Many older adults’ living longer and healthier has created demand for new products and services across multiple industries. Since more than 70 million baby boomers will have hit age 65 between now and 2030, this market will continue to grow.
To capitalize, business must understand that this aging demographic has grand expectations as they begin their second half of life. Baby boomers want new adventures that include self-exploration, starting a new career or lifestyle, and world travels. They also want more ease in maintaining their health and minimizing the realities of aging bodies.
AARP estimated the over-50 market to be $7.6 trillion, a market expected to increase by 58 percent in the next 20 years.
It is a population that, according to Nielsen Media Research, in less than five years will not only control 70 percent of the nation’s disposable income, but will also inherit $15 trillion.
As boomers become increasingly social media-savvy, they’ll be able to put their money towards what is trending. As a result, they may become the key to the success for many brands.
World boomer markets are emerging as well. Many countries, including Canada and most of Europe, are aging faster than the United States. For example, in 2030, more than one in three Americans will be over 50, as will half of the populations of Germany, Italy and Japan, and 40 percent of the people in China.
To meet this change, American companies are overhauling product designs, changing sales strategies, and even redesigning store layouts.
For instance, Harley Davidson now offers the Tri Glide, a three-wheeled version of its motorcycle. This updated version accounts for the physical challenges older motorcycle buffs experience as they age, according to an article in U.S. News & World Report.
Ford Motor Company’s “third age suit” worn by younger test drivers effectively ages the tester 30 years to understand the physical restrictions someone older experiences.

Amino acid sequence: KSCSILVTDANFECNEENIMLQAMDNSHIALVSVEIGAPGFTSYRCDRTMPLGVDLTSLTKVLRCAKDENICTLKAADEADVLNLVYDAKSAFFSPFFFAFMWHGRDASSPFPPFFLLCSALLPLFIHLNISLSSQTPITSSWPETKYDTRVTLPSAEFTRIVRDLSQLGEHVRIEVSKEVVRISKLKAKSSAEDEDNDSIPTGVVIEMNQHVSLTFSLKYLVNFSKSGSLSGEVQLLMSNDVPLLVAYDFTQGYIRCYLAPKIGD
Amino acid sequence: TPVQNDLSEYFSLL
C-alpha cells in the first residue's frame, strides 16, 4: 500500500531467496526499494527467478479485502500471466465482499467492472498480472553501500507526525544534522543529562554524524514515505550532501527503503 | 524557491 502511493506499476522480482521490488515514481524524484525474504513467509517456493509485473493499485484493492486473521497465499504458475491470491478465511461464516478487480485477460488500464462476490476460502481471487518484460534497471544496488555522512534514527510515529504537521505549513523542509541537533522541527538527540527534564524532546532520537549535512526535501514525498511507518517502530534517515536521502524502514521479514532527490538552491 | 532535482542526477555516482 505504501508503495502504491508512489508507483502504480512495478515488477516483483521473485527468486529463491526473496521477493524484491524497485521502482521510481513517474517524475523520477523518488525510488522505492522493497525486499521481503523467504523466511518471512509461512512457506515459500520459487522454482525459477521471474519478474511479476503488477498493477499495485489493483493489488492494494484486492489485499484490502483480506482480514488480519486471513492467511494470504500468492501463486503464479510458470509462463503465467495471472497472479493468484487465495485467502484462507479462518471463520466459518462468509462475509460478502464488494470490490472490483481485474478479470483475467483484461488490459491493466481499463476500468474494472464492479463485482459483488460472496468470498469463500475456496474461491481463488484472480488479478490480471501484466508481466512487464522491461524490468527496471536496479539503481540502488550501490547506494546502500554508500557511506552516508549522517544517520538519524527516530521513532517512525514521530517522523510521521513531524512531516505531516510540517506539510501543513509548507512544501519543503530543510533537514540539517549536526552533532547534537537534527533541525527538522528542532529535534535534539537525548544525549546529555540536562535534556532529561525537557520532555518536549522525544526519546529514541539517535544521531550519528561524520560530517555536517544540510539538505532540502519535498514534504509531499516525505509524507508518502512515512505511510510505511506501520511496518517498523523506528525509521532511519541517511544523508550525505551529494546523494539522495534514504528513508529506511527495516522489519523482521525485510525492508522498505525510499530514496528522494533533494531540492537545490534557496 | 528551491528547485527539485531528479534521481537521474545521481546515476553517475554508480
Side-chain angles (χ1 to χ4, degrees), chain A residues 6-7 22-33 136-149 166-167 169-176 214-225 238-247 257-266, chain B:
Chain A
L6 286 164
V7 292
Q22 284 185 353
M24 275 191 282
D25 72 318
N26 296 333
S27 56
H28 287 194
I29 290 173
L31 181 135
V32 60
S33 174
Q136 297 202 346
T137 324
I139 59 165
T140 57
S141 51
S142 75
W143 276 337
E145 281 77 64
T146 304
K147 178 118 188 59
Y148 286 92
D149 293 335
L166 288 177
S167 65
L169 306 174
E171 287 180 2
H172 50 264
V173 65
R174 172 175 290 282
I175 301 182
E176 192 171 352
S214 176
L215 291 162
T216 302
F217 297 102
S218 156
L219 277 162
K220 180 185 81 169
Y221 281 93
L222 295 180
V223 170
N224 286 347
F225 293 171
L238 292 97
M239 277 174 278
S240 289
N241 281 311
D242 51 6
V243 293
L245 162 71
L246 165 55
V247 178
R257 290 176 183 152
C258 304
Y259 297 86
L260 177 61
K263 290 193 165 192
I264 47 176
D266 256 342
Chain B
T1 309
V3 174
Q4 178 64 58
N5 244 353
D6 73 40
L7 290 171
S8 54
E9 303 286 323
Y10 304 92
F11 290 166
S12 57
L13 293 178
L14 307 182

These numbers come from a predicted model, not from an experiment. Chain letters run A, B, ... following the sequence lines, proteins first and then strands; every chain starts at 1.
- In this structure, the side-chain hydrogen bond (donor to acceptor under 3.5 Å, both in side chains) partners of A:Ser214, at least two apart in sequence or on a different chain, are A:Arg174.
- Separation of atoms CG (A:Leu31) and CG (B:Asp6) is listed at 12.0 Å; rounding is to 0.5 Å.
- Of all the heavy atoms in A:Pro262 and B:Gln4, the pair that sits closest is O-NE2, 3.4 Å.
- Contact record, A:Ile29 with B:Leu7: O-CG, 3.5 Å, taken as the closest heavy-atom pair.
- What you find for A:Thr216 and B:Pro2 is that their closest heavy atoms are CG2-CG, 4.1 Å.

The Wall Street Journal reports that companies are making product labels larger, lowering store shelves to be more accessible, and avoiding yellows and blues in packaging — two colors that don’t appear as sharply distinct to older eyes. Scott West, a managing director of Invesco Van Kampen Consulting, suggests that during client visits that financial advisers offer coffee cups with easy to hold handles instead of Styrofoam, use lamps instead of overhead lights to reduce glare, and cut down on background office noise that hampers hearing.
Diamond Foods re-engineered their Emerald snack nut line canisters to accommodate the declining agility of aging hands. Indented sides make the canisters more comfortable to hold and grooves make the lids easier to grip. Also, Arm & Hammer, noticing older shoppers struggling to read its cat-litter packaging, began sharpening the color contrast for the text and enlarging the words by 20 percent.
Similarly, Walgreens Co., has been gradually adapting its over 7,600 stores to be more age-friendly. They’ve positioned magnifying glasses in aisles that carry products like household cleaners, hair color and cold medicine, which typically use lots of fine print.
CVS Caremark Corp. has retrofitted its stores with carpeting to reduce slipping. Shelves were lowered to 60 inches from 72, and signs no longer plaster the windows to allow for more light. Wherever possible, curbs are eliminated from store entrances or painted yellow to heighten visibility.
Catering to the fact that this demographic does not want to be called old or senior, or any other descriptive that implies they are ancient history, euphemisms are flourishing. For example, ADT, owned by Tyco International Ltd., is marketing its medical-alert system to aging consumers as “companion services.”
The New Retirement: A Paradigm Shift
The New Retirement: A Paradigm Shift is a recurring column by Gloria Dunn-Violin, whose new book ReVivement: Having a Life after Making a Living will be available March 1. 415-259-7090, www.havingalifenow.com.